Nations should pass laws to preserve any remaining wilderness areas in their natural state, even if these areas could be developed for economic gain.
Nature has its own way of showing its wrath upon the humans. While on one hand, we have ever so increased our standard of living by letting industrialization encroach upon both nature and our lives, on the other hand, we also know that this comes at a price. Though the governments have been willing to pay this price for long now, they have come to realize that this bargain is not going to end on a happy note. And so we come to the topic of wilderness areas. These are those areas, those patches of land, that have yet kept themselves hidden and safe from the wrath of mankind. These are those tiny specks of land here and there (and by specks I mean forests, because if you see the world, or the universe, they indeed are merely specks), which are still in their natural state, and which flourish in themselves with habitats yet untouched, with animals yet unharmed, with trees yet not felled, and with life yet undisturbed. What should then be the approach of a nation towards such a land?
What every nation wants today is to be on top of the world, and for that what it needs is economic prowess. So suppose an area can be utilized for economic gain, though that could literally mean extinction of a particular species, should the government allow the land to be encroached and utilized for public benefit? Or should it pass laws to preserve any remaining wilderness areas in their natural state, even if these areas could be developed for economic gain? Only if the answer to this question was in black or white. Now and then I have been talking of the grey area, the grey thoughts, the fine lines between the right and the wrong where seemingly most of the solutions lie, the potholes in the ever increasing miseries on the road we take. And this is one of those potholes, secretly filled, but taken out at night, so that one who does not see or is used to the light will be mistaken and fall into it, an ever swirling down spiral, taking one down to the depths of wrong, to the castles of misery, to the wrongdoings and the hidings and the money and the shutting up and the darkness and the spiders and the moths and the bats and the distant memories of sound of the chirps of the crickets and foggy mornings. Well then, to answer this question, one must get into their shoes, and see if they can really distinguish between the correct and the wrong.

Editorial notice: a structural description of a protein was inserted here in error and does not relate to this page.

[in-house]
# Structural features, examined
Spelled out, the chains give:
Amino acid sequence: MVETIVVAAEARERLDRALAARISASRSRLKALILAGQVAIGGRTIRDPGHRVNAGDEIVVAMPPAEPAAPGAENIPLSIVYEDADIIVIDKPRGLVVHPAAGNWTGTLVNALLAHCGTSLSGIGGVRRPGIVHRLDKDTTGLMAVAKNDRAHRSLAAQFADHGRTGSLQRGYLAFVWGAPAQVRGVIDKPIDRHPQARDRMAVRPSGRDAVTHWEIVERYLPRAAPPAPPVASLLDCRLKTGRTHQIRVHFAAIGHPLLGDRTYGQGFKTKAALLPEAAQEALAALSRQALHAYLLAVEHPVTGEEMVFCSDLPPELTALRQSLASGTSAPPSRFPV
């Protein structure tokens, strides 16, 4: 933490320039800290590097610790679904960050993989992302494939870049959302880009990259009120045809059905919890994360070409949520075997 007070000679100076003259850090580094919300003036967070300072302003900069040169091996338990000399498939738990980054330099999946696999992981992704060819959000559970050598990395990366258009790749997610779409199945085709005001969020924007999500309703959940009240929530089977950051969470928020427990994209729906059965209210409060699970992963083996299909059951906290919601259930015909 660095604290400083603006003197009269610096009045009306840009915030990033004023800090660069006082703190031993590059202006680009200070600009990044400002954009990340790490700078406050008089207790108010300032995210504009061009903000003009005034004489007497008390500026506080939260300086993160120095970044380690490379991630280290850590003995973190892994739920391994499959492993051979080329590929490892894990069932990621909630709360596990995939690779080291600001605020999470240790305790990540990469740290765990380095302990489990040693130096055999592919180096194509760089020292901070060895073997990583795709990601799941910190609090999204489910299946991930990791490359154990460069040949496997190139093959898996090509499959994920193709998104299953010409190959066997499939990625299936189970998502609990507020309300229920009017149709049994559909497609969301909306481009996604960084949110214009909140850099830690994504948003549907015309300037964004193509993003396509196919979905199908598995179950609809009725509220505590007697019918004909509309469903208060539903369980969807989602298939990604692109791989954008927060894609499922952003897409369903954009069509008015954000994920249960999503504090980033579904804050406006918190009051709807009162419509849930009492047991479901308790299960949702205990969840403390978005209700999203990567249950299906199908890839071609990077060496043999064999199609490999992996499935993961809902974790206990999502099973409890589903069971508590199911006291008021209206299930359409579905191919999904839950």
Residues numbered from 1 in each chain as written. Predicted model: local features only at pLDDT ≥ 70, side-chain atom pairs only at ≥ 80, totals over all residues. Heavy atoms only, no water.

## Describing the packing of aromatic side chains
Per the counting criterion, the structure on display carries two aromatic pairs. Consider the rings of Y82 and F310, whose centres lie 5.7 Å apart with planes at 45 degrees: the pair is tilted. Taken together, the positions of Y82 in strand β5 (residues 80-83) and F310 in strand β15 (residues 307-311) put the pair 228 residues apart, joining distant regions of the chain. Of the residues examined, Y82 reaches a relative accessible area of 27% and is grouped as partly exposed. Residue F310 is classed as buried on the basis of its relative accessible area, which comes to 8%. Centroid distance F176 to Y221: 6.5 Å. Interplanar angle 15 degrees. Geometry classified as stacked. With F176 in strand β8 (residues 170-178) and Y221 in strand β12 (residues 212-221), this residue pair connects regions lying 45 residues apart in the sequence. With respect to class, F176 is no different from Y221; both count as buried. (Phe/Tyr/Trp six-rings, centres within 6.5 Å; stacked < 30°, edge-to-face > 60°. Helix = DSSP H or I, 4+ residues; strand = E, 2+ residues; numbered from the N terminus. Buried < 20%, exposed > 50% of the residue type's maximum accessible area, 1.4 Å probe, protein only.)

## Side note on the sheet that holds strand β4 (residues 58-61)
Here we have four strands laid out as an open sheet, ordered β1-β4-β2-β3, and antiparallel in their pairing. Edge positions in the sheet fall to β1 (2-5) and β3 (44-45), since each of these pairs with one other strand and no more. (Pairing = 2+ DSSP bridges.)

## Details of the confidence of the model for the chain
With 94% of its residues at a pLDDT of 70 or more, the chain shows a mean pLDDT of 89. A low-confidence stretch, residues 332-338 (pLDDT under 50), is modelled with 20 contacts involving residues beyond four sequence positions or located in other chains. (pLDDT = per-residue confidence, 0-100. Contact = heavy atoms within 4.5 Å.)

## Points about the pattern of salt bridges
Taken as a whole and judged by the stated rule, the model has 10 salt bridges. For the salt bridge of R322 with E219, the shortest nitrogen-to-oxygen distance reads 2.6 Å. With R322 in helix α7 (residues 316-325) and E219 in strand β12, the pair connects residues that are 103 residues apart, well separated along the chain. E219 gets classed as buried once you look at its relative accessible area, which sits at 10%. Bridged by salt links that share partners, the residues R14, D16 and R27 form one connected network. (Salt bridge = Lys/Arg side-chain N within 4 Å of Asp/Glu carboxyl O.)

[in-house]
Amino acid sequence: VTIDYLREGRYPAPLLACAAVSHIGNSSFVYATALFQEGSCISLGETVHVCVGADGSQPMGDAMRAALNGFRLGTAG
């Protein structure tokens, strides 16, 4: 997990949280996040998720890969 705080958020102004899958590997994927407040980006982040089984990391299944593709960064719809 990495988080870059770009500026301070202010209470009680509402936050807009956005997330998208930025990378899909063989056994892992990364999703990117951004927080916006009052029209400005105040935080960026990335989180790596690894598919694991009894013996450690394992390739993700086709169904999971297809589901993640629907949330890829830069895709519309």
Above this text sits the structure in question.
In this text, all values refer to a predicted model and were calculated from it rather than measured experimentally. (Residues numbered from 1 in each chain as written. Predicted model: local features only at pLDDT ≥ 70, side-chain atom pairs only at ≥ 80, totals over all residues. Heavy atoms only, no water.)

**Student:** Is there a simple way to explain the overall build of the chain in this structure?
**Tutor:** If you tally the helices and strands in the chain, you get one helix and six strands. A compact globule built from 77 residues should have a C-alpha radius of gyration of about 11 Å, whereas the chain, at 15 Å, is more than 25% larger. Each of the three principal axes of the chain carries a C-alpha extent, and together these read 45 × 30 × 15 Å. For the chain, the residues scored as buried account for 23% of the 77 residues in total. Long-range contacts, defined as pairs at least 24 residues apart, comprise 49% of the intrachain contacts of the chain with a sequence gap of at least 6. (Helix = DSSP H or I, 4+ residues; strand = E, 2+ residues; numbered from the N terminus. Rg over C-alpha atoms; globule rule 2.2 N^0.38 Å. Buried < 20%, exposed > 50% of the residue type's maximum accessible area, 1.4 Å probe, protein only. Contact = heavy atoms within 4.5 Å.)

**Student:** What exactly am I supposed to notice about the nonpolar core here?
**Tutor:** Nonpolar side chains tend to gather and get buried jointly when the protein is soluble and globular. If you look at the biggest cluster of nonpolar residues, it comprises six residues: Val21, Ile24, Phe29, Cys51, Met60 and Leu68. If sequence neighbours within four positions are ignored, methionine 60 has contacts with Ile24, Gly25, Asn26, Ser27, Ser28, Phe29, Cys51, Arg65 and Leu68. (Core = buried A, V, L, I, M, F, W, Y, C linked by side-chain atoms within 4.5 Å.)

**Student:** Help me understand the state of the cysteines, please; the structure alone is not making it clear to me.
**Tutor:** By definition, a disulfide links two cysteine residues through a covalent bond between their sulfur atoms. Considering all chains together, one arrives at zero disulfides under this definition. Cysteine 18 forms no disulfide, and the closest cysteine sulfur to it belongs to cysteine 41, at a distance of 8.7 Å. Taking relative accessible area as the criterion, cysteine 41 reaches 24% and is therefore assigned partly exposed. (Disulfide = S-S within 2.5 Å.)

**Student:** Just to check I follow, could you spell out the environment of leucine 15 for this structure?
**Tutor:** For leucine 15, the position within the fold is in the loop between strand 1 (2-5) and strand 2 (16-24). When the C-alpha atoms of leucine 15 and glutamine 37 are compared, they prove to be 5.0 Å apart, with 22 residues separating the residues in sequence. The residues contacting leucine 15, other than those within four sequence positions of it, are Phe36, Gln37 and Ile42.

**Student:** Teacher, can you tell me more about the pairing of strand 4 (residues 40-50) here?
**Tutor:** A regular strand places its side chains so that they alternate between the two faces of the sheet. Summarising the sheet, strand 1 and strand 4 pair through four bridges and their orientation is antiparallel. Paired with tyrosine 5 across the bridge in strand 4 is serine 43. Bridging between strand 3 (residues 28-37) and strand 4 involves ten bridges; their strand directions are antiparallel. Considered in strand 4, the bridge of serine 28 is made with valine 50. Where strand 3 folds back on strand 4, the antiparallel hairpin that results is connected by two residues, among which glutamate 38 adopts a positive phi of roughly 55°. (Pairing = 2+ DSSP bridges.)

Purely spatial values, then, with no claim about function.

What I say is my view, and maybe it does not reflect well on you. But then, this is my way of thinking. Because I am in love, in love with nature. I would rather see the trees around me and listen to the chirps and at night silently shiver at the howl of the wolf, rather than remain amidst the bustle of the city and the horns of vehicles and the smoke from chimneys and the pollution and the grief. I would rather see a sunny morning with the sun gleaming bright and the sunflowers turned towards it rather than walk on a path made of bricks and a road full of bikes. And that is because I believe in freedom. The freedom of thought. The freedom to let everyone live as they wish to, without interfering in their business, without encroaching their lands, without asserting my right on them, without anything that would lead to the thought of one being superior to the other, because in this world, there is no superiority, and there is no inferiority. We all are equals, and we must believe that, come to terms with that, because the fact that we believe otherwise (and yes, we do), is what is leading us to our doom. And it is ever-increasing. We first thought that we were superior to animals, and could do whatever we want. We now think we are superior to other humans, and can do whatever we want. Of course, we can. But should we? That is the more important question. That is the question that needs to be answered. Do we really need to prove ourselves? Who are we proving it to? Do we really need all this? Do we really need money? Do we really need space? What are we? Grey questions, so many unanswered that a life could be spent searching for the answers. And then there will be none.
Let us stop for a while, and stop considering this planet as a place where humans were meant to be, and start imagining it as a place where humans just happened to be. Maybe that will be the time we finally relinquish our desire to control everything, and maybe that will be the day when things will again become normal, and everyone will live happily ever after.